Bill Mullins blames naturally occurring radioactive material for deformities that created a freakish kitten with two heads, six legs and two tails.

The eastern Kentucky man keeps the dead feline in a jar, pulling it out for show-and-tell when he talks about radiation in this mountain community where oil producers sucked radium out of the ground along with the once-plentiful crude.

"There's not a doubt in my mind what caused this," Mullins said of his grotesque exhibit. "There are just too many things adding up."

People around this Appalachian community fear Mullins may be right. They have been gathering for weekly meetings in a local church to discuss their concerns. They scan their homes and property for radiation. And when someone is diagnosed with cancer, they wonder if their surroundings are to blame.

To find out if such fears are warranted, Kentucky health officials plan to conduct a study comparing the incidence of illnesses around the Martha oil fields to other parts of eastern Kentucky that do not have radiation contamination.

The low-level radiation from the Martha oil field was discovered in 1988, when some old pipes from Ashland Inc. tripped a scrap yard's radiation detectors. The naturally occurring radioactive material, or NORM, was carried to the surface when wells in the Martha oil field were injected with pressurized water to force out crude.

Ashland, the company that operated the oil wells, contends radiation in the Martha oil fields is of such a low level that it is harmless, especially after a major cleanup that removed contaminated soil.

Residents disagree. About 100 of them have filed lawsuits against Ashland seeking compensation for alleged health and property damages.

"Whether their concern is real or imagined, scientists strongly debate and disagree," said Ned Pillersdorf, a Prestonsburg lawyer who represents local residents. "What is not debatable is my clients' property values have been substantially diminished. Many of them find it hard, if not impossible, to sell their properties."

NORM has been found in several other oil-producing states, and has been met with varying degrees of concern.

Tom FitzGerald, director the environmental group Kentucky Resources Council, said he believes the radiation around oil wells can cause cancer. "There is no therapeutic level of exposure," he said. "It is a sufficient health concern that it should be a priority."

That view is dismissed by John Ford, a project manager for the U.S. Department of Energy's National Energy Technology Laboratory in Tulsa, Okla. He said people who live around oil fields generally have no reason to fear NORM.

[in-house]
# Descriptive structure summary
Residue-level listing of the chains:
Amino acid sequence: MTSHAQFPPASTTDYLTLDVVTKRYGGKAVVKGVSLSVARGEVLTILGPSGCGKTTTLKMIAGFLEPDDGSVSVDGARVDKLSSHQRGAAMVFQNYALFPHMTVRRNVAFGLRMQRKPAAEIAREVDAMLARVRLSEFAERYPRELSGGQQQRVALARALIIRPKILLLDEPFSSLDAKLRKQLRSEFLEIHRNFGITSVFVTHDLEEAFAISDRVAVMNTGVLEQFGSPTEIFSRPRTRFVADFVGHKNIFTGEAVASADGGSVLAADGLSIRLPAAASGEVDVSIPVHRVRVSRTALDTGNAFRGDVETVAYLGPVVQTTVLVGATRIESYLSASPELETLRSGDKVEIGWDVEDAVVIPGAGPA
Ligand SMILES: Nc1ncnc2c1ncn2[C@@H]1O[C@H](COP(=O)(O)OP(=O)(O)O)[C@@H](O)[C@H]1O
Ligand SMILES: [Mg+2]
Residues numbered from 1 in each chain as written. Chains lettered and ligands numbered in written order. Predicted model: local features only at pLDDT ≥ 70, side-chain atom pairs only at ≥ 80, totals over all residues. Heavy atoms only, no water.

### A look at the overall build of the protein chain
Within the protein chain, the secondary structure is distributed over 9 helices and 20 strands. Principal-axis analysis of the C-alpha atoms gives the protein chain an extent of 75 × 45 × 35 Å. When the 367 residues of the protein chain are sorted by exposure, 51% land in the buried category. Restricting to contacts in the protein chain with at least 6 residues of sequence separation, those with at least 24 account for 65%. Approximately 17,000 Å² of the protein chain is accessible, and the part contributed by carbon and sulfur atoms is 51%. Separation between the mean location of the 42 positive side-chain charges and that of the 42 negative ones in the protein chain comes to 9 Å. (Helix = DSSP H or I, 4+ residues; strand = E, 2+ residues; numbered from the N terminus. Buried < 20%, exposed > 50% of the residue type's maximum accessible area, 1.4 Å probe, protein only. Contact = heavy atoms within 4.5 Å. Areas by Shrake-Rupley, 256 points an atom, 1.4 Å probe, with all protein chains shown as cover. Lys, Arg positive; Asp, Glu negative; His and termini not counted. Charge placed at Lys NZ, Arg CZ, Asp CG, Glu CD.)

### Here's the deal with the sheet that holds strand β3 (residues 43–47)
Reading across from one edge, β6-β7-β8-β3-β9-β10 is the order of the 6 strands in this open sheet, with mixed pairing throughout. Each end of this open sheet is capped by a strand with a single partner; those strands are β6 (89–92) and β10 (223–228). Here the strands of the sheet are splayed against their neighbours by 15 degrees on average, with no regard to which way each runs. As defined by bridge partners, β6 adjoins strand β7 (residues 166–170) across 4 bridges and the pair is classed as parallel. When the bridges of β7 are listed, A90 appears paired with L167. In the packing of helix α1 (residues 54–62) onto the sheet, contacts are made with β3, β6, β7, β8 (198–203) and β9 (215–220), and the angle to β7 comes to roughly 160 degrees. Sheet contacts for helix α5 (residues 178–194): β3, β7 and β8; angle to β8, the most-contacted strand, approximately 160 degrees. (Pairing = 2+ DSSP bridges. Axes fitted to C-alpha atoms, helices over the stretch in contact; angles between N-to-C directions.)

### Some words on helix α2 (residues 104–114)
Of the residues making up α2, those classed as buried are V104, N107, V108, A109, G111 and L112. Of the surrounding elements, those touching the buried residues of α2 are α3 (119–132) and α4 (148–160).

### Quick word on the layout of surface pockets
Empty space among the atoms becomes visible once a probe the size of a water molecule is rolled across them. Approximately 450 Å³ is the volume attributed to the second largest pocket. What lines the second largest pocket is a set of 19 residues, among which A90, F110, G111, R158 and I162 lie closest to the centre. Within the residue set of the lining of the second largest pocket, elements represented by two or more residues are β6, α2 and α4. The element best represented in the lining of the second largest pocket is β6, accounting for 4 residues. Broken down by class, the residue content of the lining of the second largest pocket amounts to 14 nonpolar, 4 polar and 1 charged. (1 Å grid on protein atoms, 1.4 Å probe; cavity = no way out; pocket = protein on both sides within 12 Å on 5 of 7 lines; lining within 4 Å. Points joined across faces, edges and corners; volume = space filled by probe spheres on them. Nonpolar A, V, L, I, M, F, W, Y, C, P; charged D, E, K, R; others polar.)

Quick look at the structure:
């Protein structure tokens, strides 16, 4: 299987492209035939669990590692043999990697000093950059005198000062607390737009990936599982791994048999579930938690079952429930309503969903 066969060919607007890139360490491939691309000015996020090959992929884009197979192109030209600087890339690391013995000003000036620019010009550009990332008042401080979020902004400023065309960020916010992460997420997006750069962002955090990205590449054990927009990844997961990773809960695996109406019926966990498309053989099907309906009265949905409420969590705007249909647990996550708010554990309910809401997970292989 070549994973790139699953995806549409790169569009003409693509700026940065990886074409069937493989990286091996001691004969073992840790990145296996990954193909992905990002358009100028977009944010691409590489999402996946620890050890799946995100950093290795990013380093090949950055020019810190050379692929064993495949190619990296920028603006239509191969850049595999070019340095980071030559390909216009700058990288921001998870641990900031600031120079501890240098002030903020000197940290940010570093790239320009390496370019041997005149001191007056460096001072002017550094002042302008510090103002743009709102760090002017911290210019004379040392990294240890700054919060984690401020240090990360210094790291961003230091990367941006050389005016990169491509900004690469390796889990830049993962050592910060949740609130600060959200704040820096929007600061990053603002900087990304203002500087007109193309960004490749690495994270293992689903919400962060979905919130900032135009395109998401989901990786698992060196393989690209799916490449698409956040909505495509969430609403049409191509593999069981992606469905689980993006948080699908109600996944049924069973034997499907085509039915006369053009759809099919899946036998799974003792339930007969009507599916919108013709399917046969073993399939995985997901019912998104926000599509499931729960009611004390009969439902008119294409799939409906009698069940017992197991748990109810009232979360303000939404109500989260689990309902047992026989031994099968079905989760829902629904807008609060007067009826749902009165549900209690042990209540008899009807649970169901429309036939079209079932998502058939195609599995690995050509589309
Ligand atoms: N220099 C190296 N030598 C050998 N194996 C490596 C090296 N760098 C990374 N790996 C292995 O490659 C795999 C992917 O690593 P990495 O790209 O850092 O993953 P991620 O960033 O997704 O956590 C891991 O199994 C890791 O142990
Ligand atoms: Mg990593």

"If you stand in the middle of an oil field, the rays from the sun you're being exposed to is worse for you than NORM," he said. "As far as everyone running scared, I can't begin to explain how much of a marginal thing this is. It is really not an issue."

Jeff Roberts, who is heading cleanup efforts in the Martha oil field for Ashland, said contaminated soil has been removed from well sites that showed higher than normal levels of radiation. That cleanup, he said, has been completed on 95 percent of the property affected. On the remaining 5 percent, property owners involved in the lawsuits have not allowed the company to do the work.

"We've told those residents we'd be more than glad to clean up, but they're still not allowing us on their property," Roberts said.

FitzGerald said local residents have become increasingly concerned that Ashland may not have removed all of the contaminated soil and pipes from the land that the company has claimed to have cleaned up. The company, which once operated an oil refinery in nearby Catlettsburg, collected an estimated 115,000 tons of contaminated soil from well sites and stored it inside a plastic covering at an abandoned surface mine, Roberts said.

However, Mullins said numerous metal pipes that show higher-than-normal levels of radiation were left on his property, and he also discovered pits filled with thickened crude that he believes should have been removed.

FitzGerald said he has received calls and letters raising similar concerns. As a result, he has requested that the state revisit the issue.

"The bulk of the work has been completed," he said. "The question that has been raised by some of the citizens is whether the work was done adequately and whether all of the contaminated sites have been identified and cleaned up."

Ashland spokesman Jim Vitak charges that some people involved in the lawsuits have been trying to create worry in the community to benefit their cases. He said people have been doing that by spreading inaccurate information.

"Our hope is that as the community discusses this issue, that people seek out the facts and not go strictly on word of mouth," Vitak said.

As for Mullins's eye-catching kitten, a state health official says that on its own it proves nothing about the possible effects of radiation.

"There are instances of aberrations in the animal kingdom where animals have been born with varying numbers of limbs," said Clyde Bolton, head of the Kentucky Division of Public Health Protection and Safety. "It can be simply a fluke of nature. That's a piece of information, but, in and of itself, it is not even close to being an indicator."

A sign warns of radioactive material near a former oil well site at Keaton, Ky. Residents fear radiation could be affecting their health.